ICDP Barberton Archean Surface Environments (BASE) Moodies Drilling Project, Moodies Group, Barberton Greenstone Belt


Based on a proposal written by Profs Christoph Heubeck (Jena University) and Nic Beukes (University of Johannesburg), together with earth scientists from several other countries, the International Continental Drilling Program (ICDP) Consortium, with head office in Germany, has approved funding to drill eight diamond core holes into the rock succession known as the Moodies Group in the Barberton Greenstone Belt. The holes would vary between 300 – 500 m in depth with a total core length of some 3 km to be recovered.

Motivation for drilling

The ~3200 million year old rock beds of the Moodies Group represent  the world’s oldest known, well-preserved sedimentary succession with abundant deposits formed on land in fluvial (river) and aeolian environments. It also contains excellent examples of ancient soil profiles as well as intertidal deposits formed along the interface of continental and marine environments. The succession thus provides an ideal natural laboratory for studies to understand environmental and paleo-ecological conditions on land and intertidal areas during the early history of the world ~3200 million years ago. This was also the time during which the atmosphere was still reducing with free oxygen (the basis of modern life) either absent or just starting to be produced by oxygen-producing microbes (oxygenic photosynthesizers) and to accumulate in what is termed “oxygen oases” in the Early primitive oceans and atmosphere of the world some 3200 million years ago.

Studies of the Moodies Group could thus produce answers to intriguing questions like a) when and how our modern oxygen-rich atmosphere came in to being and b) when did oxygen dependant life forms developed i.e. the earliest precursors to modern mankind. These are also the type of questions that contributed to establishment of the Barberton Makhonjwa Mountain World Heritage Site (BMM-WHS)  and if they can be solved, could assist in attracting more national and international tourists to the area.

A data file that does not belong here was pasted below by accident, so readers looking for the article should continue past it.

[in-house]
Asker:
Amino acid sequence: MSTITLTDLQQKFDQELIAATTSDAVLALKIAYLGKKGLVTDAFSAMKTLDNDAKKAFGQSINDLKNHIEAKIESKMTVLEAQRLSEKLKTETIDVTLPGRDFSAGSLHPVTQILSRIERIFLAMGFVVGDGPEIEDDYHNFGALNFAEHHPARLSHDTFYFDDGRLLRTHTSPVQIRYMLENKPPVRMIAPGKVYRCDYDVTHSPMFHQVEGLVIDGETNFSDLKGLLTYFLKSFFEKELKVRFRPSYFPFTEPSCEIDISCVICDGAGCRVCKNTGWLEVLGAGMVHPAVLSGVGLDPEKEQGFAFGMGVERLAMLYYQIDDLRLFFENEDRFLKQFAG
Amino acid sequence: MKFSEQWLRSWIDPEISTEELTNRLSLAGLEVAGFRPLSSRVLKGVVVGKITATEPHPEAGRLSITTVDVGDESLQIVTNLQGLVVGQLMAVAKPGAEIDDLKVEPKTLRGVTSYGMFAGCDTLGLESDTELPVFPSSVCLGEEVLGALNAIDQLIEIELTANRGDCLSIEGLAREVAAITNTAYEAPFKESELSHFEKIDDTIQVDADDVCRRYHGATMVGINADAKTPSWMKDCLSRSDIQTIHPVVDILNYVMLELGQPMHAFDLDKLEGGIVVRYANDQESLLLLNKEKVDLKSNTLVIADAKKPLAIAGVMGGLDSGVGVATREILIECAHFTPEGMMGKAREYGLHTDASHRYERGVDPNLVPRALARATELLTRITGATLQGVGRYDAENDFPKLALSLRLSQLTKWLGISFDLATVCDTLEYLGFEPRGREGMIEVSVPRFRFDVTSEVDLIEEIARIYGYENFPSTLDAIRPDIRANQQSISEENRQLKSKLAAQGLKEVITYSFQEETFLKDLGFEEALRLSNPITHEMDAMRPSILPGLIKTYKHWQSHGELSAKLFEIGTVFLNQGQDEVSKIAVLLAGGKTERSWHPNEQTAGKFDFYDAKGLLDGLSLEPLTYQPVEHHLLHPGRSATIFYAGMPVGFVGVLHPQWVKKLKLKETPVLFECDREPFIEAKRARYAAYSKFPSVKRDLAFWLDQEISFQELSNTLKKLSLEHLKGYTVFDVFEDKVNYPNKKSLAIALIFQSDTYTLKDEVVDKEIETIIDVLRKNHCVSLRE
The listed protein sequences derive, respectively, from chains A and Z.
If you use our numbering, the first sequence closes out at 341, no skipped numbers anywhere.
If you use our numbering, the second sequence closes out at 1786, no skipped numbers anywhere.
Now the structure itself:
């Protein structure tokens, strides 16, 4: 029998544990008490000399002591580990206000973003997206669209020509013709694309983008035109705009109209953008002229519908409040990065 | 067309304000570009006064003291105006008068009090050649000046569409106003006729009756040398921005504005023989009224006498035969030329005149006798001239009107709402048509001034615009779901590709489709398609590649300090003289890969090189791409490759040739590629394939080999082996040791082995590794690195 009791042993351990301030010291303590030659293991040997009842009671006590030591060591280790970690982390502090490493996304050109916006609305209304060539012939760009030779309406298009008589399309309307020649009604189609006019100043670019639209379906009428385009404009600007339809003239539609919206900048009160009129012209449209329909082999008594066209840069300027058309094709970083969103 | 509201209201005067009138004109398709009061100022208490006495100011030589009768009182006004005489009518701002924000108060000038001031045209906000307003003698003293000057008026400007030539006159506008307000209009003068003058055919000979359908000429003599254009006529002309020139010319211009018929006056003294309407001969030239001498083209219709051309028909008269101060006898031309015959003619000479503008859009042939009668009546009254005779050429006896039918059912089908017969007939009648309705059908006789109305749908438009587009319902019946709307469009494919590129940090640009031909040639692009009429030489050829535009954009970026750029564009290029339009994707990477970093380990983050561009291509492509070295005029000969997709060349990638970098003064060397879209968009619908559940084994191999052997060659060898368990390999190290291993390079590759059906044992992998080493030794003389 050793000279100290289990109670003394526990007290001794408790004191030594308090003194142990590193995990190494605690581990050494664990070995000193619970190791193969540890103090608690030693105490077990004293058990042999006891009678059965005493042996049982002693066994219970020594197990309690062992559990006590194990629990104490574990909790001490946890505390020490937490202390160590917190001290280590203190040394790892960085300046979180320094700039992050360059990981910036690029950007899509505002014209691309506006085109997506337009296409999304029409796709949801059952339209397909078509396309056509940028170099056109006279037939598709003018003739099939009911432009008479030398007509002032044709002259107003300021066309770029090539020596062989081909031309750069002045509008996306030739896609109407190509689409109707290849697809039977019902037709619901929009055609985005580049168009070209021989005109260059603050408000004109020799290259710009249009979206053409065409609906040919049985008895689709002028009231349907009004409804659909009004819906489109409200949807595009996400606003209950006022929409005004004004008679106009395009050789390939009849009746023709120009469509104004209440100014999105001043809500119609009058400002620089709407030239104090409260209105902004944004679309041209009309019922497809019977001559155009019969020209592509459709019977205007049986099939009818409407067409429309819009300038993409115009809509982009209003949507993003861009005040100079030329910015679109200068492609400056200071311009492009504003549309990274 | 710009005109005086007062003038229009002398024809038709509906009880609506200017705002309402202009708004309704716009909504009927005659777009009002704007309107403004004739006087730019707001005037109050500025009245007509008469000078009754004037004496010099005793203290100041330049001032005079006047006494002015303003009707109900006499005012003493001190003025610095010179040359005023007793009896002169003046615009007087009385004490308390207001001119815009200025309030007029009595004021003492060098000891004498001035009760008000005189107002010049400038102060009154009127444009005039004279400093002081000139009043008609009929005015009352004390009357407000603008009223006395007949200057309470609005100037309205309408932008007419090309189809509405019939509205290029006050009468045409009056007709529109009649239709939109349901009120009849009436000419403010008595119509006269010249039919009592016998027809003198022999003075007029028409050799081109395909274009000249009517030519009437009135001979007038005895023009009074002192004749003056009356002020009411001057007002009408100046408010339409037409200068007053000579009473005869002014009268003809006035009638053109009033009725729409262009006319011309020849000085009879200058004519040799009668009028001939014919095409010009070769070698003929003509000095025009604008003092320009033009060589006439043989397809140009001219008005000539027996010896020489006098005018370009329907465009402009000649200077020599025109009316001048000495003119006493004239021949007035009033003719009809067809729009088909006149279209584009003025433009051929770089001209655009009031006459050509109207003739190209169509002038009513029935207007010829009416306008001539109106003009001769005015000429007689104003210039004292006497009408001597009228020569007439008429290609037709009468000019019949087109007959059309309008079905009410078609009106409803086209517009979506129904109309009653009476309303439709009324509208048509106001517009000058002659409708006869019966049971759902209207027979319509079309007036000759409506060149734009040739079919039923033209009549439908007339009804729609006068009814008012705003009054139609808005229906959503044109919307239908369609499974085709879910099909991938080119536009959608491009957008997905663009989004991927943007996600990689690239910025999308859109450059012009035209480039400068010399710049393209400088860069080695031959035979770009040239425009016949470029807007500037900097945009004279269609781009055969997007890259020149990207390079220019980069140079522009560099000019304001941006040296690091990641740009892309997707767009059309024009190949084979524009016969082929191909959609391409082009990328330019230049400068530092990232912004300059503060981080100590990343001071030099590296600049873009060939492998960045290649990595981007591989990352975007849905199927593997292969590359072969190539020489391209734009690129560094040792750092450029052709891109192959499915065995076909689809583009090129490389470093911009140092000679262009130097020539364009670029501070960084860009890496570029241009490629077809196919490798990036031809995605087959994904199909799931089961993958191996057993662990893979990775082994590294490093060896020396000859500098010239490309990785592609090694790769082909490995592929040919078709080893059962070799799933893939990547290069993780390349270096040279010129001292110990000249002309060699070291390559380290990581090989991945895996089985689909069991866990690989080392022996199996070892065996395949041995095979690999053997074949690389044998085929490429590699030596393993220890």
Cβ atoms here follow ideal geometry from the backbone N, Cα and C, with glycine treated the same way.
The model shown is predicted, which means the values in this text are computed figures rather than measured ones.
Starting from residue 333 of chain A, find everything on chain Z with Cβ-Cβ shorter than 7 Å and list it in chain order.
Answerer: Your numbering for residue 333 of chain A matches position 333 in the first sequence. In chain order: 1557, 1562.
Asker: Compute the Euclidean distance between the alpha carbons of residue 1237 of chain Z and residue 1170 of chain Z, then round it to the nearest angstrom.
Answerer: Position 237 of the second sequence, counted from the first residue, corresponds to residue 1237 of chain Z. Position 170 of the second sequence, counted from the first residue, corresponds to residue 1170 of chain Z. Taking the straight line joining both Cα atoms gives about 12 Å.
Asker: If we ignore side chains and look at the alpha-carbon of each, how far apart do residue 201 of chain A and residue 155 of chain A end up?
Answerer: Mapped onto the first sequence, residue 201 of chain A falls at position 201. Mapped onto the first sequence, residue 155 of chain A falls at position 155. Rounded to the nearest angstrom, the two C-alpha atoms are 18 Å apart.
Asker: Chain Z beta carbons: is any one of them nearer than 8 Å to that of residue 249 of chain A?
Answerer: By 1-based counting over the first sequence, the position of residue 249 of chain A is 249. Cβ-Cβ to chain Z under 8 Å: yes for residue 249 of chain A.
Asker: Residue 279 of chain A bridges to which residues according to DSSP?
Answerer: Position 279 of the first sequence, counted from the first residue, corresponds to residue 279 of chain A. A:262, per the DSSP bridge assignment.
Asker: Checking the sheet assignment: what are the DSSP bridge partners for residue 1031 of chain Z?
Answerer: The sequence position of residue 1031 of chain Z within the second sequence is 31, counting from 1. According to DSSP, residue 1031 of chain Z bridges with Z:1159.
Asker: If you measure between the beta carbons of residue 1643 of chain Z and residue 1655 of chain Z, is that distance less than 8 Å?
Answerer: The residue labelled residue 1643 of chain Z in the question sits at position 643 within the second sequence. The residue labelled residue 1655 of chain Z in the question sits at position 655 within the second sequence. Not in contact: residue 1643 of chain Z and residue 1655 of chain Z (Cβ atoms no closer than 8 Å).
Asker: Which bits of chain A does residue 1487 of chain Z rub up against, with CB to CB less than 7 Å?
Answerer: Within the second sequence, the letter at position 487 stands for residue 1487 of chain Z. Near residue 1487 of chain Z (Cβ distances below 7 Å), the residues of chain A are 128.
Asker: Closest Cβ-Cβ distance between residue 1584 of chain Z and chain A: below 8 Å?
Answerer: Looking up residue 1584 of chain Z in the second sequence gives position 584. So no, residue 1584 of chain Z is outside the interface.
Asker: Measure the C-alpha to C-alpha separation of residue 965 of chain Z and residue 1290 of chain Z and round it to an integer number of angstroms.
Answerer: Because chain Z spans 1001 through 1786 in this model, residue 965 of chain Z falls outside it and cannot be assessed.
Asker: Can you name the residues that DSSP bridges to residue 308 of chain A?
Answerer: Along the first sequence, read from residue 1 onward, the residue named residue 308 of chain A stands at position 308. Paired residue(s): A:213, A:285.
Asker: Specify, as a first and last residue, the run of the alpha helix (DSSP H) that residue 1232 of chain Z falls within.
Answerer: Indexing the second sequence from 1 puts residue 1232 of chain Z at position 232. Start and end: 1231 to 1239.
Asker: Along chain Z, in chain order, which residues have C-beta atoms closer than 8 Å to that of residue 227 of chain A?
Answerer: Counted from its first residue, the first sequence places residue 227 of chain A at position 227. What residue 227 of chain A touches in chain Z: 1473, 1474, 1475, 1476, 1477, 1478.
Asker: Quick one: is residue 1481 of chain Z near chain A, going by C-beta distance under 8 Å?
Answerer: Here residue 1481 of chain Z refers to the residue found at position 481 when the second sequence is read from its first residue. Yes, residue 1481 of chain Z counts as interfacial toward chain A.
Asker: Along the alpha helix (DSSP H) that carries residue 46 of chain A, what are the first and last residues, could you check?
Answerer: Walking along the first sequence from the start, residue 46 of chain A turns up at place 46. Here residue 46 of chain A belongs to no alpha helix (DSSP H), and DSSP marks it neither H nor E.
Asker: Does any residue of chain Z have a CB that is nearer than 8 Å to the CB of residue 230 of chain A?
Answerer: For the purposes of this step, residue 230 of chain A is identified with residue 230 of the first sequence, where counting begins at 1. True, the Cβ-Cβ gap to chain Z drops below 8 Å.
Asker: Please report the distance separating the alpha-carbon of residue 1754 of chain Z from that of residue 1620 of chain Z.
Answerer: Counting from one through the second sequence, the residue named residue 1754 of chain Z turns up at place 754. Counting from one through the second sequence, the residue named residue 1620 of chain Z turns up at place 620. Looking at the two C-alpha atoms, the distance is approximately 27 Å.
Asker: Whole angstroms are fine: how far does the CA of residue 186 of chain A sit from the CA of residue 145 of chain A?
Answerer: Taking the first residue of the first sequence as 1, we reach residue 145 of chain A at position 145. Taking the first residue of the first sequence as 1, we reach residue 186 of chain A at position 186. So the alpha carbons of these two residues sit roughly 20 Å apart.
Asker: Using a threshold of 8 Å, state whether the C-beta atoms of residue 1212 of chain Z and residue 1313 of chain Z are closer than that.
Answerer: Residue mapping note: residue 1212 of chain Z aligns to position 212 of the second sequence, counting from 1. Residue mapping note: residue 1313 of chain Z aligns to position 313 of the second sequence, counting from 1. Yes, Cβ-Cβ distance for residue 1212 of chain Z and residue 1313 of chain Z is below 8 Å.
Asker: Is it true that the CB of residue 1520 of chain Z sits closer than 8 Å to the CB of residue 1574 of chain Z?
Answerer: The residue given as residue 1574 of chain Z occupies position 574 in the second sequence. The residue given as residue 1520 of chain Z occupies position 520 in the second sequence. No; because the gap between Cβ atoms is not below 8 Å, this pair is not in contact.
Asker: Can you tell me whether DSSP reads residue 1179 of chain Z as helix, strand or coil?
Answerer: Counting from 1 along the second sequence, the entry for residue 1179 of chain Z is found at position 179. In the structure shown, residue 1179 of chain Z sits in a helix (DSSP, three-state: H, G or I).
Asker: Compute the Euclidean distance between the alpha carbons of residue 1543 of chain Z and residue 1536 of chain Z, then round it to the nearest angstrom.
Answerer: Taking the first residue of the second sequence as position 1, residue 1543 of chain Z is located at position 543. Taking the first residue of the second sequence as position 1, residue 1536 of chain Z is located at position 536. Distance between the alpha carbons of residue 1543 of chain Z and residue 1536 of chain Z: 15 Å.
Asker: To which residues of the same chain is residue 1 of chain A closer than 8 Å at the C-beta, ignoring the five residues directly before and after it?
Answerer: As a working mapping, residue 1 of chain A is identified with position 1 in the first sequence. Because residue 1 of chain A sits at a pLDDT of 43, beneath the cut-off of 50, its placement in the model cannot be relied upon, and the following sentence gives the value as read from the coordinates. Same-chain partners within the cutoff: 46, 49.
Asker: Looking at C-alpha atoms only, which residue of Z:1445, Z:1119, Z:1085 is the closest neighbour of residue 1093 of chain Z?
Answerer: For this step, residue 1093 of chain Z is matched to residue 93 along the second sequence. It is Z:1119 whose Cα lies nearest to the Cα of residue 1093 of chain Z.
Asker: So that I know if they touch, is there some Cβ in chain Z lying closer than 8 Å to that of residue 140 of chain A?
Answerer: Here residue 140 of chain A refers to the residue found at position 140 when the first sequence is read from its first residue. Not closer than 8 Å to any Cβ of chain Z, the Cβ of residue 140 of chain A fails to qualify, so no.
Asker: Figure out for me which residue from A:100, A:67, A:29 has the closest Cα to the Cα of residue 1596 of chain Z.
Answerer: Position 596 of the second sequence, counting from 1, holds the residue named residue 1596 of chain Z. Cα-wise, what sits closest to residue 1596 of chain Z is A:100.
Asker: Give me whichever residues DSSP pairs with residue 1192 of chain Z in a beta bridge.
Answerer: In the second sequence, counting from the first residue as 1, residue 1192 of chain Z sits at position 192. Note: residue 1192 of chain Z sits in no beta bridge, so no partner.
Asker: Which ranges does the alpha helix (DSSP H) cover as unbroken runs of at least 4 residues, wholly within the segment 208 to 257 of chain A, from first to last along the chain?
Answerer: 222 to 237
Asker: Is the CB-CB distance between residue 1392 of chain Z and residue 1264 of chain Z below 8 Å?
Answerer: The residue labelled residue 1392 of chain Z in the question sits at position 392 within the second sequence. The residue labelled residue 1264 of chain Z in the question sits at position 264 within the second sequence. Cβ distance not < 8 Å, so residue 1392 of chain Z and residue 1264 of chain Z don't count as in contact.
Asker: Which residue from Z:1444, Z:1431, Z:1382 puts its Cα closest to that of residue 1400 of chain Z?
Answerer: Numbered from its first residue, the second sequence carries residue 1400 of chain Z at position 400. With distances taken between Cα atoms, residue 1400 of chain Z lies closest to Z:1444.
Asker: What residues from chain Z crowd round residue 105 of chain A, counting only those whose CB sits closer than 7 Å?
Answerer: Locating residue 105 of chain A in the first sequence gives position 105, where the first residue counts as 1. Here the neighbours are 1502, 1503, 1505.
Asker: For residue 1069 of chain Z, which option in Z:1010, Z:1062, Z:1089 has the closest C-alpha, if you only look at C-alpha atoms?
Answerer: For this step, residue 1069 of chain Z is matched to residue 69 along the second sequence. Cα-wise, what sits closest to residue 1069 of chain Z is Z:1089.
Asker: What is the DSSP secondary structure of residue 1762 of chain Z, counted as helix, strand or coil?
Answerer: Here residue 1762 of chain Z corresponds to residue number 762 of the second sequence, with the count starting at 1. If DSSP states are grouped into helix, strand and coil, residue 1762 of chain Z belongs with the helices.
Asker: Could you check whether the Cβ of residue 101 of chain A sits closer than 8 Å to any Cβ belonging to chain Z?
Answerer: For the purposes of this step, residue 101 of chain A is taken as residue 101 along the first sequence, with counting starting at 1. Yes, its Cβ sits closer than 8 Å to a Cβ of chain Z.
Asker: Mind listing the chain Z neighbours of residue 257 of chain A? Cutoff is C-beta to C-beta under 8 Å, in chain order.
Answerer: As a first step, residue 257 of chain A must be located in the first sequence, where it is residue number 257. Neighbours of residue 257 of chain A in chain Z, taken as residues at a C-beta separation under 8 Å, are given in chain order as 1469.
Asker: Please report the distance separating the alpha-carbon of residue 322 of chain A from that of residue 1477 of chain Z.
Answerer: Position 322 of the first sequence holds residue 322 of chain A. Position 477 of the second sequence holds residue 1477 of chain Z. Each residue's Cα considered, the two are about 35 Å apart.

However, it is unfortunately so that modern weathering is quite intense in the Mountain Land. The result is that that certain components of the rocks, and especially organic carbon derived from ancient life forms, redox sensitive elements like iron and manganese, and minerals like iron sulphide (pyrite = fools-gold) and calcium carbonates have been altered or removed (dissolved) to several tenths of meters below surface by modern groundwater movement. In order to get fresh unaltered samples of these materials, one thus has to do core drilling to depths below the modern weathering front and that is the basic scientific reason for the drilling project

Location of Drill Holes 

The holes to be drilled are situated at 5 sites – of which the localities are as follows:

Site 1: Borehole BASE-1 in Elephants Kloof at Fairview Mine

Site 2: Borehole Base-2 at White Outcrop next to the paved parking lot Tidal Sandstonesof Geotrail on paved R40 in Mountainlands Nature Reserve

Site 3: Borehole BASE-3 on Oosterbeek 371 JU at “Hill 4” in Sappi forest area